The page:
BRUSSELS, Feb. 14 (UPI) -- The European Commission says it has urged member states to increase DNA testing on meat products to determine how much meat sold as beef is actually horsemeat.
The testing was recommended because of the potential presence of an anti-inflammatory compound given to horses, phenythbutazone, which could endanger the health of people who eat the flesh, the EUobserver reported Thursday.
Health commissioner Tonio Borg said member states would test 4,000 samples of horsemeat from slaughterhouses and 2,500 samples of processed beef products.
The tests will begin this month, with preliminary findings to be released April 15.
The controversy began last month when horsemeat from a French food processor was found in lasagna sold in British stores as containing all beef.
The processor, Spanghero, initially blamed slaughterhouses in Romania where the meat was purchased. Romania denied the allegations Wednesday, saying an investigation has found all the meat was properly labeled.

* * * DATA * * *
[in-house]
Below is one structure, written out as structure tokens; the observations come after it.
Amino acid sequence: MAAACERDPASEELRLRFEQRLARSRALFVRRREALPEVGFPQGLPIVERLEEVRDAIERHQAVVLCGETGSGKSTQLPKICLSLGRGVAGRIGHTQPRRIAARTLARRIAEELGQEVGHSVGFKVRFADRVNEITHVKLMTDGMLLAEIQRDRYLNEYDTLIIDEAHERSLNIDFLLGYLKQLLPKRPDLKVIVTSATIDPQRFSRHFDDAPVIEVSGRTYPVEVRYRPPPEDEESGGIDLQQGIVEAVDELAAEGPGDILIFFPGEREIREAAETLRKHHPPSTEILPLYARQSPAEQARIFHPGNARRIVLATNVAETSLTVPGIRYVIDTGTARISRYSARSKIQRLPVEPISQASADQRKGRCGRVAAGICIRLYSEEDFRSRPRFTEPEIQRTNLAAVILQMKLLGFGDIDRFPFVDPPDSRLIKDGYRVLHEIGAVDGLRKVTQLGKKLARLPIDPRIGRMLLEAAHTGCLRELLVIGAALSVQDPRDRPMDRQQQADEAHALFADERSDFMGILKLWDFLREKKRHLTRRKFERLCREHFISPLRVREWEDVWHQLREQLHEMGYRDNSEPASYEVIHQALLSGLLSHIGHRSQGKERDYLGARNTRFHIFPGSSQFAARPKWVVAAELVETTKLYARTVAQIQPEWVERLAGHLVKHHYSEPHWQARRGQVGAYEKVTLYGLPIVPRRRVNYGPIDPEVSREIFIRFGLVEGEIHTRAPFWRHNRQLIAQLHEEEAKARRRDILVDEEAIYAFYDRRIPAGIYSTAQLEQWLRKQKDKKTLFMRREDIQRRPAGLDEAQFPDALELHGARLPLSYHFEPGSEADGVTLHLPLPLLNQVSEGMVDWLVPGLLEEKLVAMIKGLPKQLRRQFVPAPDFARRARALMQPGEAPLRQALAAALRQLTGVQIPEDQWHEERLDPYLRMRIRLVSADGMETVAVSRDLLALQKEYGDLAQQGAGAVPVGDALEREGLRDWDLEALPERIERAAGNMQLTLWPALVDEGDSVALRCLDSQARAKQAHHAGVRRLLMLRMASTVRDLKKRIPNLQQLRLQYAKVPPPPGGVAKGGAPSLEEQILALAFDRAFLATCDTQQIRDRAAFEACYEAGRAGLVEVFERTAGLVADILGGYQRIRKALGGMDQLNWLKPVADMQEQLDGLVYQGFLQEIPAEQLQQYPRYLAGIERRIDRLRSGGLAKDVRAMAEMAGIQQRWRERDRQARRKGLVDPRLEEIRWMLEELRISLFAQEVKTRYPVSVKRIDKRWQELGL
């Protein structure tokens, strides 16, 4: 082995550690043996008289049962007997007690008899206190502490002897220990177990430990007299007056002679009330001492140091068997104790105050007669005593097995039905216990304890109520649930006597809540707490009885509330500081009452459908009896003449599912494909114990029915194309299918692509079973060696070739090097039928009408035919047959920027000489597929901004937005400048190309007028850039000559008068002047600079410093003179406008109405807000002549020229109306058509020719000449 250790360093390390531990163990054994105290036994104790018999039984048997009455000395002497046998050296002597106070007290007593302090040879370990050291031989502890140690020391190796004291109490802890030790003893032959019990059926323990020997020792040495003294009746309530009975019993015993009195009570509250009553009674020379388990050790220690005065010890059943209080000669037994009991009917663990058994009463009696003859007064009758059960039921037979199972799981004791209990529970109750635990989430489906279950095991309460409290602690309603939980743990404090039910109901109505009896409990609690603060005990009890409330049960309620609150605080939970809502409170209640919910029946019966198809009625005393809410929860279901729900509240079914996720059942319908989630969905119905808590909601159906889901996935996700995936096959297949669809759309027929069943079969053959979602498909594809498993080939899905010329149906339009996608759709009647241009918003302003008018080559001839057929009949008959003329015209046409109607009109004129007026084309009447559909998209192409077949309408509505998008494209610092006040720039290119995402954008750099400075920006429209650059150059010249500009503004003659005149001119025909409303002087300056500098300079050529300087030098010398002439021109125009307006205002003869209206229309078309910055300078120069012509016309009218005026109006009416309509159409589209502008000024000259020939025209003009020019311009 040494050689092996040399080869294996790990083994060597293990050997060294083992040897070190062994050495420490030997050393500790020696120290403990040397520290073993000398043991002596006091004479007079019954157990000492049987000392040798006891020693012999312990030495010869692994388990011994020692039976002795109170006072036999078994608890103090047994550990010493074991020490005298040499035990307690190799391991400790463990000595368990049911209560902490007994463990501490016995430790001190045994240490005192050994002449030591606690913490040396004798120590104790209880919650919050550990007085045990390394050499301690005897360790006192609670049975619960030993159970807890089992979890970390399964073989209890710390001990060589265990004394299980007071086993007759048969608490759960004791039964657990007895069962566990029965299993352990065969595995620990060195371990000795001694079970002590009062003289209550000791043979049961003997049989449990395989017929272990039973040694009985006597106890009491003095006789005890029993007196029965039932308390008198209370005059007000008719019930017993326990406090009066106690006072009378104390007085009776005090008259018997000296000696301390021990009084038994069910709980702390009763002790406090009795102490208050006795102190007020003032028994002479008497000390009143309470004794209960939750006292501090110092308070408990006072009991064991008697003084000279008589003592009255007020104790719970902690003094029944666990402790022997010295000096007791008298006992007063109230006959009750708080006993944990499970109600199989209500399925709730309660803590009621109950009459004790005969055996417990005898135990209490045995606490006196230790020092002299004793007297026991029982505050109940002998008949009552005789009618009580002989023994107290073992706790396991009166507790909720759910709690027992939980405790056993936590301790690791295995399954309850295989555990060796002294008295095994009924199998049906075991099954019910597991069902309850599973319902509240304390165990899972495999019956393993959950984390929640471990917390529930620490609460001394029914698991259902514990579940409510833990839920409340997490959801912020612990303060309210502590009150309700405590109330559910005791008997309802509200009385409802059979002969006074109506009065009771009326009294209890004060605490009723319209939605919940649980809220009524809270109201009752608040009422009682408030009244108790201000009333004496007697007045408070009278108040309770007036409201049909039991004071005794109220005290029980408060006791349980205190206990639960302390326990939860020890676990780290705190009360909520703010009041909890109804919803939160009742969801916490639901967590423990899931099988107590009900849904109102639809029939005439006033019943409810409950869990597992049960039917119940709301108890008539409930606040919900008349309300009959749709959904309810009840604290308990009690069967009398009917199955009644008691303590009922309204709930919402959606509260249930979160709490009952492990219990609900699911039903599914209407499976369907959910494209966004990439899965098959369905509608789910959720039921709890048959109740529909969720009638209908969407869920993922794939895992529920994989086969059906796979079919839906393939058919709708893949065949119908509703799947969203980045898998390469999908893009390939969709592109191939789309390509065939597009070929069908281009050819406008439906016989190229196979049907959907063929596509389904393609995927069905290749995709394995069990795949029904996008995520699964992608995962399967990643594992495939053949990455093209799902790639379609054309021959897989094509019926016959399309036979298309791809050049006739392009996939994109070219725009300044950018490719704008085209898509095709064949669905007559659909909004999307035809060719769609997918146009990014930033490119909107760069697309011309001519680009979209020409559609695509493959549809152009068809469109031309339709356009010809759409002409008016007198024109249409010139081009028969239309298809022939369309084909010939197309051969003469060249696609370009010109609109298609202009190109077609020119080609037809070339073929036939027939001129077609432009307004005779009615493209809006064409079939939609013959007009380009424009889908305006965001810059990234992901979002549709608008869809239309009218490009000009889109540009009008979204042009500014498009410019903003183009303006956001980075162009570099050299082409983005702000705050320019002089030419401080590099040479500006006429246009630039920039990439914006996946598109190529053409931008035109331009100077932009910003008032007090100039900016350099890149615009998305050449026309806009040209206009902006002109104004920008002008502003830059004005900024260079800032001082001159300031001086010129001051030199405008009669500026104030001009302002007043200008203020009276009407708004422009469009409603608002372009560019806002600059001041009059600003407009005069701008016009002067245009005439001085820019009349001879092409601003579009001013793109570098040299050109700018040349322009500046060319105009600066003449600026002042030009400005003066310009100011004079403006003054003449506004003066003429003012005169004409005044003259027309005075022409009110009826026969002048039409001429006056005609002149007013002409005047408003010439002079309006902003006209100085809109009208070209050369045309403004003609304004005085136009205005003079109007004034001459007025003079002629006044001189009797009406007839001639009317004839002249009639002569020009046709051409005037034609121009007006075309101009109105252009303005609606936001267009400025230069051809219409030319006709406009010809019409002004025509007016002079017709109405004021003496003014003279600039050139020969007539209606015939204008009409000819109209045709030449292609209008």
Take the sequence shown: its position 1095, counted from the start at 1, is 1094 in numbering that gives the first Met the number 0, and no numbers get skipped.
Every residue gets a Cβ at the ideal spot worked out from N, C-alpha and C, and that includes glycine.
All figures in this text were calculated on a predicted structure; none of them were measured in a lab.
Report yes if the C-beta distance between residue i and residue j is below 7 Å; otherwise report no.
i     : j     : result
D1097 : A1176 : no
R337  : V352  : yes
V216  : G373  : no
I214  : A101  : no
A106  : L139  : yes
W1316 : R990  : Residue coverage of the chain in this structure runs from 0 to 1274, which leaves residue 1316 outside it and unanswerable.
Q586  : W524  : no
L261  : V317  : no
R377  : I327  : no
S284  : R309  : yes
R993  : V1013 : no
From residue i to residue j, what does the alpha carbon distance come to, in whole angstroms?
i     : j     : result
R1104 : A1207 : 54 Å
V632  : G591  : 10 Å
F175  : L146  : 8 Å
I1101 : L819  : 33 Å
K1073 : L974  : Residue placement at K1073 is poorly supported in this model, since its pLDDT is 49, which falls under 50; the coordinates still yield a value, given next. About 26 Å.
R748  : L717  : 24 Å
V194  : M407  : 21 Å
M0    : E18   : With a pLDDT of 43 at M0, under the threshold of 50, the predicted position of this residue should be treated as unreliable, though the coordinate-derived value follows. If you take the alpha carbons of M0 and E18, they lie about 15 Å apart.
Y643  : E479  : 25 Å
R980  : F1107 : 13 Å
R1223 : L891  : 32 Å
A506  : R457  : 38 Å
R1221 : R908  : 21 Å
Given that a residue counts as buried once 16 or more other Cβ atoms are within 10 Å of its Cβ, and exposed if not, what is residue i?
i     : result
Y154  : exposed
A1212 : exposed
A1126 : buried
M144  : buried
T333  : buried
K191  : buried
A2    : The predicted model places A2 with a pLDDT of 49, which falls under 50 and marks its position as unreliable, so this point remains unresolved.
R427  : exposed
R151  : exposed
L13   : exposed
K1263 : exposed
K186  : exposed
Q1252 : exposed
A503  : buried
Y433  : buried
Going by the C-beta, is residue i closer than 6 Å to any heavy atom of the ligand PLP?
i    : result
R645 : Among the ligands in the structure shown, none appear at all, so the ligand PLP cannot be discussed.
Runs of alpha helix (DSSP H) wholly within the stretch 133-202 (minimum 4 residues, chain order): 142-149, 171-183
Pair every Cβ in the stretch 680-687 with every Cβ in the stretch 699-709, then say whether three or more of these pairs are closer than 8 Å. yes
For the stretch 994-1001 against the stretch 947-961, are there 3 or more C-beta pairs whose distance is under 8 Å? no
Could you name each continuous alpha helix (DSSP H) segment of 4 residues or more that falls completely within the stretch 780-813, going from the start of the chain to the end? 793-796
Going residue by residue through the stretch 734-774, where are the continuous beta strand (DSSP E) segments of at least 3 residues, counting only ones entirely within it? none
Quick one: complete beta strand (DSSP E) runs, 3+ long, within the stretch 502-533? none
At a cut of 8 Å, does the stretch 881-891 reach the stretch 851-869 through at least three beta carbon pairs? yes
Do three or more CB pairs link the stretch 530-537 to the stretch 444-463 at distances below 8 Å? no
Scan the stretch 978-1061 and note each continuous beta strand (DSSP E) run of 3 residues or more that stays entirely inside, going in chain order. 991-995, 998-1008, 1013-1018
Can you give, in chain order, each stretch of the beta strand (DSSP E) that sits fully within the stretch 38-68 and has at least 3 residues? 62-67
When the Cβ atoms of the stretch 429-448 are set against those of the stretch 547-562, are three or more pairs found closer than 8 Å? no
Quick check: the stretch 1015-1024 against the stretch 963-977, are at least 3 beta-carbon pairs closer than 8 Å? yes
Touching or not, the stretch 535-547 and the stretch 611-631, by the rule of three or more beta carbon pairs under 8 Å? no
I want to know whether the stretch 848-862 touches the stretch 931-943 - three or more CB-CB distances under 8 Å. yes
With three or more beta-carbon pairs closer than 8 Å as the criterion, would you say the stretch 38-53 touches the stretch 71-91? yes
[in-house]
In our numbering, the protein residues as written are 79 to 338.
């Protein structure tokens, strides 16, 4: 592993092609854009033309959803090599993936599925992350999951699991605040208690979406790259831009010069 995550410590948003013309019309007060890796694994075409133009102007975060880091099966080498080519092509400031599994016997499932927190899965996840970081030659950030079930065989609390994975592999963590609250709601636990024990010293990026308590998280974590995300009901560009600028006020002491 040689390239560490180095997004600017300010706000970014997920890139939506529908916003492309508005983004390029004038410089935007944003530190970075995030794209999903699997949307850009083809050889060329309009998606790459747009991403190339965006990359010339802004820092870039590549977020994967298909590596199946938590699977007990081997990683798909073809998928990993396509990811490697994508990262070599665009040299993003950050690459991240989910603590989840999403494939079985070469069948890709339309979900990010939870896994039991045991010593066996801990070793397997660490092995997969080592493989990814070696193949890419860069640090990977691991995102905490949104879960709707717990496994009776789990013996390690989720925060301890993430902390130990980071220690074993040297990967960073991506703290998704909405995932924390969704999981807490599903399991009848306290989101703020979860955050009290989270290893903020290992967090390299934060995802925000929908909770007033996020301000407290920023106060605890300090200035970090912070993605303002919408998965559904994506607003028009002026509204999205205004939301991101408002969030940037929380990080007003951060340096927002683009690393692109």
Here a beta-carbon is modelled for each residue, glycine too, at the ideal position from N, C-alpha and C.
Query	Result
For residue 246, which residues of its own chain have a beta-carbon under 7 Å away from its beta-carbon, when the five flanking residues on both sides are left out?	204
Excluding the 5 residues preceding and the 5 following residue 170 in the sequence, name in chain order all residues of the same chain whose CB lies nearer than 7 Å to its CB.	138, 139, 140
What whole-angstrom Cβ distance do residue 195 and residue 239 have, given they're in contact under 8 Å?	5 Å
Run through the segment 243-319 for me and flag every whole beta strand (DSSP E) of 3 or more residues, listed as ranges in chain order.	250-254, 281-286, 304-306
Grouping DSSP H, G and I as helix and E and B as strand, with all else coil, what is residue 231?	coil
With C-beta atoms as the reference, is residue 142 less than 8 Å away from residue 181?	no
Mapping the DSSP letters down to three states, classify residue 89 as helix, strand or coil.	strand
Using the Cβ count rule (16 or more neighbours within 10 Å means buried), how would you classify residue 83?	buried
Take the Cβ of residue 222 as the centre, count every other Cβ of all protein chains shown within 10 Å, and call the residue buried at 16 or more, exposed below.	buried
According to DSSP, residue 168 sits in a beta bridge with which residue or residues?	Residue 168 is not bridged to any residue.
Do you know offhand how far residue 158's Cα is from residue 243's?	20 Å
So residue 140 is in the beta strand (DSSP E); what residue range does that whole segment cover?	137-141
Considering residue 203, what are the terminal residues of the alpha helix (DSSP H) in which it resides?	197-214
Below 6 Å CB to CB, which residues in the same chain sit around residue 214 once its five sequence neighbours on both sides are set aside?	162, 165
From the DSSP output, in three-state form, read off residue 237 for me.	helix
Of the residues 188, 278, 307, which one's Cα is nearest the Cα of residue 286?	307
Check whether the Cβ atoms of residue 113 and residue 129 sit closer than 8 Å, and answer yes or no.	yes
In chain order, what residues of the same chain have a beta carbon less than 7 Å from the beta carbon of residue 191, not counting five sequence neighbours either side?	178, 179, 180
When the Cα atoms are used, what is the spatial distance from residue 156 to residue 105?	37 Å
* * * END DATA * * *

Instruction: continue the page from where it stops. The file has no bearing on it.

The EU signaled criminal behavior may be involved in the scandal, asking law enforcement agency Europol to coordinate information among member states, The Financial Times reported.
The scandal has also renewed calls for more stringent labeling of meat products.
The EU requires companies to label fresh beef with its country of origin, but processed foods have been exempted.
The commission attempted to extend the labeling requirement to processed foods in 2010, but the food and drink industry lobbied heavily against the proposal, saying ingredients came from too many places.
In light of the current crisis, the British Parliament has scheduled a special hearing for Monday.